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Student government makes changes to election process and positions

Keegan Oldham, Reporter

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Student government is reinventing the way students are elected. Until now, everyone partook in the election process equally, but it is no longer a popularity contest: Now the vote of students at Skyline has been limited to 25 percent, and student body president, vice president, and a select few administrators will evaluate how well candidates succeed at achieving the objectives outlined on the election rubrics for their posters, interviews, and candidate speeches/videos (each portion being worth 25 percent).
Student Government Adviser Heidi Guza believes this will give every candidate equal opportunity to become an elected official in student body. “I wanted to even the playing field and make it so anyone has a chance.” Guza believes this change will also increase the number of applicants next year after students see the effectiveness of this. “We have had a very uncontested race, and we hope that increases next year.”
With these new changes, new positions have been introduced to student government as well. Instead of male and female activity directors, there will be an activity director and a service director. The activity director will be focused on planning and organizing activities in Skyline High School while the service director will be focused on events out in the Idaho Falls community.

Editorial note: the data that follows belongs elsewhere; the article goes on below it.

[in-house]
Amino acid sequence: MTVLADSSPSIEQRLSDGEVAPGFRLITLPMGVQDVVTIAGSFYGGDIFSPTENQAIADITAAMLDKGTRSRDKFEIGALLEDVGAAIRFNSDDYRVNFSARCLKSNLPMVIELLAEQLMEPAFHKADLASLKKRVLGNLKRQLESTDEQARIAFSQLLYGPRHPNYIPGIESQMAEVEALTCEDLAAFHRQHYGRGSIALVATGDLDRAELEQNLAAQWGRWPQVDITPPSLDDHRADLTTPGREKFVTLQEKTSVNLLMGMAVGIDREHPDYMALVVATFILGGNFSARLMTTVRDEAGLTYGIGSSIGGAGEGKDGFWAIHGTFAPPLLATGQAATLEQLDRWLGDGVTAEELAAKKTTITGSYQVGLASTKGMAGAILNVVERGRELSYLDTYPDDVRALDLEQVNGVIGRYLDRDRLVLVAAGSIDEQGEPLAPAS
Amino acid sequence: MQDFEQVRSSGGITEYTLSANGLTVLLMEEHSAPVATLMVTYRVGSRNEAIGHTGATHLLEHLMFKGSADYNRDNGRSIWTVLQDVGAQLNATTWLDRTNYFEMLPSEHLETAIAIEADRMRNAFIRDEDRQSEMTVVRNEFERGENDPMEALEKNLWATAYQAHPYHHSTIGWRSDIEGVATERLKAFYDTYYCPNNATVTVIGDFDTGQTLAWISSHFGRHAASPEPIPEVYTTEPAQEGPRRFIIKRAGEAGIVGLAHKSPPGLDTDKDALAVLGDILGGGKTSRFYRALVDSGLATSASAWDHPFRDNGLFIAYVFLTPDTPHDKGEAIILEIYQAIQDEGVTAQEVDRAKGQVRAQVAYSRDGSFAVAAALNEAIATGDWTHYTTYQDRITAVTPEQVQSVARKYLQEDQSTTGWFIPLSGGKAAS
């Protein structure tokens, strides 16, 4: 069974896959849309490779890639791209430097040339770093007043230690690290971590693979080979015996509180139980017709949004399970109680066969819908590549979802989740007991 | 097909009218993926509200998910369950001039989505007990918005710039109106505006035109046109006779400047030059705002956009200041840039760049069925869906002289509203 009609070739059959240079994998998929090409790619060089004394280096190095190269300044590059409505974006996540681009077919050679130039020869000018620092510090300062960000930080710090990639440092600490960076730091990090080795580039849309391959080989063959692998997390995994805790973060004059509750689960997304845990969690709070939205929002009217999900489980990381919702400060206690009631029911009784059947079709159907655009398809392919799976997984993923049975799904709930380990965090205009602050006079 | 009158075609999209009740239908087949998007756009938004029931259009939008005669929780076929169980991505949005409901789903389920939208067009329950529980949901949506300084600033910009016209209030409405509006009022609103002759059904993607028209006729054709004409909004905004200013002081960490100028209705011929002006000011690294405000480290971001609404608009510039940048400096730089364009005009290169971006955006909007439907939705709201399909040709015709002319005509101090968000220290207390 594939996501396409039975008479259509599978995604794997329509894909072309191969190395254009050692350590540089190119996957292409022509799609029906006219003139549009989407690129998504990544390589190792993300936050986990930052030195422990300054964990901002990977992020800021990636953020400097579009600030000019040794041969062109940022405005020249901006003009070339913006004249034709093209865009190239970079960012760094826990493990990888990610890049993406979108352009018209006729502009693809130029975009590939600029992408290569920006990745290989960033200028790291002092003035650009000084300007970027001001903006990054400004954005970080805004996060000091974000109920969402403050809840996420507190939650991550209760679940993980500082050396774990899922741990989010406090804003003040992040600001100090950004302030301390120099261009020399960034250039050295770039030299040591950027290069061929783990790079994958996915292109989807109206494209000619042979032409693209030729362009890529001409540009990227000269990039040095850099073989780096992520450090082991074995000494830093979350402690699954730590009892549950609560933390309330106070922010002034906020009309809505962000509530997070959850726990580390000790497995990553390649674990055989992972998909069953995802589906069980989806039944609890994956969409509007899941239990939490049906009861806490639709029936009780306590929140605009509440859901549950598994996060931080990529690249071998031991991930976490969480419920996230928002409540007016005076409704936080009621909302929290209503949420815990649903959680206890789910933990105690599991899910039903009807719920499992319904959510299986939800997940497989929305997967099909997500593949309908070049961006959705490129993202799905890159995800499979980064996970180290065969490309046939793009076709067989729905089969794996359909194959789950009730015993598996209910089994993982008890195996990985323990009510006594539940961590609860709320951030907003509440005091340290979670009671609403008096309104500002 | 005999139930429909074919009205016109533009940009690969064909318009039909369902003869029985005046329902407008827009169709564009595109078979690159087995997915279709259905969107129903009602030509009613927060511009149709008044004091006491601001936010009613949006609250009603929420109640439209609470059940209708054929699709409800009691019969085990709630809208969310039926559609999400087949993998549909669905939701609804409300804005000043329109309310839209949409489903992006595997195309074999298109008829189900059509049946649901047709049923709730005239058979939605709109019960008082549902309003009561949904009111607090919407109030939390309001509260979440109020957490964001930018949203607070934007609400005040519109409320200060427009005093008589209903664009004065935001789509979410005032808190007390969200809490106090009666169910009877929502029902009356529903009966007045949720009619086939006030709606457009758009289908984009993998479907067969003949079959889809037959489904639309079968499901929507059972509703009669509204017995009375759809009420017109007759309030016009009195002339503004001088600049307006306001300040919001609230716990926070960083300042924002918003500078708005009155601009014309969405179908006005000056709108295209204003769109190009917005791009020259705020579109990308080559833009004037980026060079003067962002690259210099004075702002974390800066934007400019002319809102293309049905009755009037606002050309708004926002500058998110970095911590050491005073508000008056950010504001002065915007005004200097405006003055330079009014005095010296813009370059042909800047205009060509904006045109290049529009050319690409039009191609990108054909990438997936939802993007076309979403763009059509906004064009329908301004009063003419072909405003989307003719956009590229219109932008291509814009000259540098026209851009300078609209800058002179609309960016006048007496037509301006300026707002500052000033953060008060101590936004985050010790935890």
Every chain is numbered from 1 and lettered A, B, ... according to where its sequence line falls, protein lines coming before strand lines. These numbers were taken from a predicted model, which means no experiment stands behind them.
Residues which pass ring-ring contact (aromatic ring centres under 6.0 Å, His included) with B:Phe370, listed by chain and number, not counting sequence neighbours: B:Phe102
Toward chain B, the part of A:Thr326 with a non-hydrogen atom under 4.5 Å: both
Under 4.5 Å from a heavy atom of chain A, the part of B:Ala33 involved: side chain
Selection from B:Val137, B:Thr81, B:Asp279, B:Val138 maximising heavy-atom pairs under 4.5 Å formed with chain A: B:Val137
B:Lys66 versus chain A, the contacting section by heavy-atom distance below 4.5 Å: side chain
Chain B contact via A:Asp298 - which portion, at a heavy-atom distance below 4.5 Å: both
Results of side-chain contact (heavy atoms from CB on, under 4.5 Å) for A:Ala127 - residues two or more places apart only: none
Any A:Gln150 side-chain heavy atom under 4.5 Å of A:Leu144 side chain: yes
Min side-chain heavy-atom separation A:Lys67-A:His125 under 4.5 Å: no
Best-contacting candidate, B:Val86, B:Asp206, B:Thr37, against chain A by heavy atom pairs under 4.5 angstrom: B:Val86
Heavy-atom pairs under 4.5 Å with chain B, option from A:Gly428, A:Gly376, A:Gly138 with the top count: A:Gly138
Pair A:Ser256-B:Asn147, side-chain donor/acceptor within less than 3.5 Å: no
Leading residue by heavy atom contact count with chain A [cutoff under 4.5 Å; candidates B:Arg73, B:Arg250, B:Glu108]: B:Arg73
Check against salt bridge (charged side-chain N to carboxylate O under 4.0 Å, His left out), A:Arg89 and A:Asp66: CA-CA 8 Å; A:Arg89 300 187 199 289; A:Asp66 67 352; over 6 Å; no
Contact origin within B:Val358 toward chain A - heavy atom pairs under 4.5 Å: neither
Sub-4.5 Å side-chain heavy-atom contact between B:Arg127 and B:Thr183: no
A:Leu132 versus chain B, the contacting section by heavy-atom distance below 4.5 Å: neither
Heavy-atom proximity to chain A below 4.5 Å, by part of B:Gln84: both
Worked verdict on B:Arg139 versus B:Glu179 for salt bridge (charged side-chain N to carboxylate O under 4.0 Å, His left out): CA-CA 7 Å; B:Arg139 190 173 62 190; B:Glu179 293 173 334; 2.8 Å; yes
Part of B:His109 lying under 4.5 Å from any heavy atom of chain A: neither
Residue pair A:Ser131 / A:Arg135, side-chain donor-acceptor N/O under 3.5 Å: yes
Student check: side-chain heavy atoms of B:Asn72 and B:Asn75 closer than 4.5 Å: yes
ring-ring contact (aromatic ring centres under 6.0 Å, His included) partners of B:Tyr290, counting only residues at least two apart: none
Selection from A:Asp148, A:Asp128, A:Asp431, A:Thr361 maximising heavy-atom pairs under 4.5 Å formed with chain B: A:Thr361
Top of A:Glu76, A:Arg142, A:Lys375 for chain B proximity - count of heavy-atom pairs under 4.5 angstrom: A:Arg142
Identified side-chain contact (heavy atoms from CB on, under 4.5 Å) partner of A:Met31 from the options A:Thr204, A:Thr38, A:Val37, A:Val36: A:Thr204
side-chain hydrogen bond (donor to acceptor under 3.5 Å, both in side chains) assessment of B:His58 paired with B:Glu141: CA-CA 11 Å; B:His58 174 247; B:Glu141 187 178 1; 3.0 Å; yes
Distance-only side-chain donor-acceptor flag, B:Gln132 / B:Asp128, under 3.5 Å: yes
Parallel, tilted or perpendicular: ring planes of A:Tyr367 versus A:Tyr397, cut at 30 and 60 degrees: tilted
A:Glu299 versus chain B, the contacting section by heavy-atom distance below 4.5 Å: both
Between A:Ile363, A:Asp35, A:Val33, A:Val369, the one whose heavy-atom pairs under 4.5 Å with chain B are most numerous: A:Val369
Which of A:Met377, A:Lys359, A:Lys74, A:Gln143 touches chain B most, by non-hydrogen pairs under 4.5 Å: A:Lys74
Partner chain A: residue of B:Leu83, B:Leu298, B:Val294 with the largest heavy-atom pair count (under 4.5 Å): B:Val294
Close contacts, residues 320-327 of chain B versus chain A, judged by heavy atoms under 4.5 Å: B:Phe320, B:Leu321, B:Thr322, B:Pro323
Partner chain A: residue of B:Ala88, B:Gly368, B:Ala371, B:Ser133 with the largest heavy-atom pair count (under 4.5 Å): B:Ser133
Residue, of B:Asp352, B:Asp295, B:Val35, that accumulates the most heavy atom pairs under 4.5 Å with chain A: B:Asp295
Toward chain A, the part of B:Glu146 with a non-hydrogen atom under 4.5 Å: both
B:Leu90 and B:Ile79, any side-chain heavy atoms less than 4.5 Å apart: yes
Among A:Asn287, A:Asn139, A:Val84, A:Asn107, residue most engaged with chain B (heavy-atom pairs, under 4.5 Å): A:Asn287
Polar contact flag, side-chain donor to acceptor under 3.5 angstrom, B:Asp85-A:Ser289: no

Aubrey Thuernagle (10), a current candidate running for service director, also describes the changes in student government: “I think it’s a lot more fair in student government this year. It’s not a popularity contest anymore; it is actually analyzing your strengths and weaknesses and seeing if you would be good in student government.”
Reactions from the student body appear to be mixed. While some seem to appreciate the changing election process, others believe their voice is being taken away. Konnor Wiley (12) said “Student government should be chosen by the people, as it is for the people.
While some were negative, others were quite supportive of the change. Annalise Cheret (10) said, “Student vote is mostly based on popularity. Student government officials choose the candidate whose campaign is well done and who will be best for the school.” Thomas Hansen (10) said, “I think that this gives the less popular
candidates a chance, unlike before when a candidate would win mainly because of their relevance in the school.”

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Student government makes changes to election process and positions